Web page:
NRC Rising Star Round Four: Fraser McReight - Brisbane City

by Brett McKay

Super impressive Brisbane City backrower and captain Fraser McReight is the Round 4 nomination for the 2019 National Rugby Championship Rising Star award.

Won in its inaugural season by Fijian Drua star Alivereti Veitokani in 2018, the award recognises emerging players with three games or fewer of Super Rugby or fewer than three Tests for the Flying Fijians.

This has been a big year for McReight. He made his Super Rugby debut for the Reds in Round 6, coming off the bench against the Brumbies, and in truth, it’s his non-appearance off the bench in Round 2 that saves his Rising Star eligibility.

Had he debuted in that first game he was named for, after playing from the bench in Rounds 6 and 7, his final appearance for the year in Round 8 would have tipped him beyond the three Super Rugby game limit that applies for this award. A close-run thing, then!

McReight led the Junior Wallabies superbly well throughout the U20 World Championships, all the way to the heartbreaking loss to France in the final; played in a Queensland Premier Rugby grand final loss with Brothers; and now, still only aged 20, he’s captaining Brisbane City in the NRC.

Martin Lippiatt was on deck at Norths Rugby Club in Brisbane on the weekend, leading the call for, and has seen a lot of McReight’s rapid development as a player this year, calling Queensland Premier Rugby throughout the season, as well as the Oceania U20 Championships on the Gold Coast in late April and early May.

“Despite the meteoric rise, he hasn’t fallen victim to the pressures that can and will swallow other people up who’ve been on the same ship,” Lippiatt told me this week.

“He’s continued to increase and hone his skillsets, and it’s just unbelievable to watch.”

In what is a wonderful sign of his adaptability, the young McReight that I first saw last year was a very promising backrower, but his game has gone to new levels this year for the Junior Wallabies, Brothers, and now Brisbane City when playing on the openside.

Junior Wallabies captain Fraser McReight with the Oceania U20 trophy. Photo: Getty Images

"He’s become more aware of what he’s good at, and he’s also developed more skills and he’s honing the ones he’s already got,” Lippiatt agrees

“Take for instance, I don’t think for a second that he wears the bright white and red headgear for no reason. His presence on the field, it’s feared and respected. It’s almost like a brand. If you were the attacking side, and you see that white and red-capped headgear coming in, you’re already instinctively putting more people into that [ruck contest] just to secure the ball.

“And then you add the fact that his structured ball running in tight channels, it’s lethal. His on-the-spot creativity and spontaneous play, it inspires.

"He can offload, too, so he’s a nightmare for defenders. But for the rest of us watching, it’s absolutely sensational.”

His defence and his breakdown work have been where McReight has shone this NRC campaign – he’s the equal-leading turnover winner so far – but he’s also shown a great offload game, and a bit of toe when he does find himself in space.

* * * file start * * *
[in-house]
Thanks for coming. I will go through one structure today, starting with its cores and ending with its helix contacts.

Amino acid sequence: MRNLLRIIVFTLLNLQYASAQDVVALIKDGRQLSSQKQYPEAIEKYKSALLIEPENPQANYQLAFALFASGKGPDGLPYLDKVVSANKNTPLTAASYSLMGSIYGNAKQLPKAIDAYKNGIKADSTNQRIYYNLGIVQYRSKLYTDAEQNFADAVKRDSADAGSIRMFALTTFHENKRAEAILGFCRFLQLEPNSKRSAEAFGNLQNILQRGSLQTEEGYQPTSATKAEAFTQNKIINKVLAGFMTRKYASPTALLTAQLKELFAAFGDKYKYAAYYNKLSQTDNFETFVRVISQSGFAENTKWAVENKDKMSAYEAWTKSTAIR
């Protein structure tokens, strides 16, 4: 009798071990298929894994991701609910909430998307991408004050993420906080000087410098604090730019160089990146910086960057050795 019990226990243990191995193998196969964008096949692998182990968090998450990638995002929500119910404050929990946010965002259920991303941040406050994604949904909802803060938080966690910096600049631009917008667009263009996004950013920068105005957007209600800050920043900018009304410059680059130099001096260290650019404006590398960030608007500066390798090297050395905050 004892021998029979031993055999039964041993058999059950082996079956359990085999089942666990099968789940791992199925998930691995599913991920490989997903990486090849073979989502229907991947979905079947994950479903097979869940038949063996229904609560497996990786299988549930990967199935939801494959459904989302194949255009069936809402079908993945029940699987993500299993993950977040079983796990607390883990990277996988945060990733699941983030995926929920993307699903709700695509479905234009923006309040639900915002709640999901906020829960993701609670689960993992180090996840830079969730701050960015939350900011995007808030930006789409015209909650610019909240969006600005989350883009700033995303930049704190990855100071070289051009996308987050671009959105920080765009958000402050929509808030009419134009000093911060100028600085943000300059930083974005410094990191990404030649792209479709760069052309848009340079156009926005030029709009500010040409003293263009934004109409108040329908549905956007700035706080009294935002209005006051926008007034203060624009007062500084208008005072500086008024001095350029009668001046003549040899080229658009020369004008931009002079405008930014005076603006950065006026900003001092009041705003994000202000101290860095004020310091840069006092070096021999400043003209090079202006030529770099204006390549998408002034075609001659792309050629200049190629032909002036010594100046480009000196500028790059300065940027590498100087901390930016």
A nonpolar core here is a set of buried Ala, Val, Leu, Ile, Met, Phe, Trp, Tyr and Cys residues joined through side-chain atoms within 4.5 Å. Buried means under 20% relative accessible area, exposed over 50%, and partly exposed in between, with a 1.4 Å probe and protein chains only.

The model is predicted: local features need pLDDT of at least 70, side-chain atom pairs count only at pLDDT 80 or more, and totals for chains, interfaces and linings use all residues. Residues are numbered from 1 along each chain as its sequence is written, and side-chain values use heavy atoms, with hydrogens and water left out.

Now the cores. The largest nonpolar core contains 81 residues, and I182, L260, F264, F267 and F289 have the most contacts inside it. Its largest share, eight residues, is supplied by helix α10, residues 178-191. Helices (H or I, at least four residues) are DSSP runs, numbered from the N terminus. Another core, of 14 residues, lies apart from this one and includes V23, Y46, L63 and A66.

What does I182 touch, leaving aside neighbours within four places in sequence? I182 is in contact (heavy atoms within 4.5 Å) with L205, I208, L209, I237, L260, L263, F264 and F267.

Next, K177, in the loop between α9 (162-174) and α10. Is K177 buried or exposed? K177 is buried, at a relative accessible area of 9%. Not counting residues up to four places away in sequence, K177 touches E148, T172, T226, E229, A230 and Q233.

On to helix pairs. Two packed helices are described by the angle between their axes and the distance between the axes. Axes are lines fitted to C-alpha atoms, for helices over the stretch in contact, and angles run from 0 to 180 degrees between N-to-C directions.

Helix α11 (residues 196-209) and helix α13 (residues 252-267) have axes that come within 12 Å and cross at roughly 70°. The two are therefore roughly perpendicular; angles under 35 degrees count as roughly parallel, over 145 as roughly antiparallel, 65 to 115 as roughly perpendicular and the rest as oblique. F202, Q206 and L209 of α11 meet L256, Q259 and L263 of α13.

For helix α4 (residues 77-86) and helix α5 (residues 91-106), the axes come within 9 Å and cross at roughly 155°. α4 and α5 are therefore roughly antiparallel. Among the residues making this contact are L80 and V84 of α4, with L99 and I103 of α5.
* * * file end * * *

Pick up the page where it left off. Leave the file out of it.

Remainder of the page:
“He’s honest about (his speed),” Lippiatt says. “He’s not the guy that’s going to break away and run eighty metres, because let’s face it, he’s pretty much in the dollar club (100kg); he’s a big boy.”

“It’s the recognition of the players around him that if Fraser’s ‘on’, it’s their job to get inside on the pocket, let him draw in a few defenders, and then he’s supporting those faster players by letting them do the longer legwork.”


Undoubtedly, this all leads into plenty of excitement for Queensland fans next year, even if it presents something of a headache for Brad Thorn, working out how he fits McReight in among an impressive backrow cohort that includes Angus Scott-Young, Lukhan Salakaia-Loto, Harry Wilson, Michael Wood, and Liam Wright.

“I think it is really good problem that not too many Australian Super Rugby franchises have had in the last five or ten years, where you’re going to have legitimate competition for starting day spots,” Lippiatt says.

“And as a Reds supporter, it’s exciting to see.”

However it plays out at Super Rugby level will have to wait, as McReight’s focus now is to deliver Brisbane City’s return to the NRC finals for the first time since their unbeaten NRC title back in 2015.

And it’s the seemingly old head on very young shoulders that has City in a good place this season. It was a genuine surprise to him at fulltime on Sunday that their win over NSW Country had jumped them up to second on the table, a sure sign that even at the dawn of a professional career, enjoyment is still a huge driver in McReight’s rugby.

“It doesn’t matter whether he’s playing for Brothers, captaining Brisbane City in the NRC, or playing for the Reds, he’s a really exciting up-and-coming talent, but he’s incredibly genuine,” Lippiatt agrees.

“I believe he’s one of the most fantastic ambassadors that we have for the game for the next few years."


Round 1: Will Harrison (Sydney flyhalf)

Round 2: Connor Vest (NSW Country lock)

Round 3: Noah Lolesio (Canberra flyhalf)

Round 4: Fraser McReight (Brisbane City backrower)

Round 5: announced next week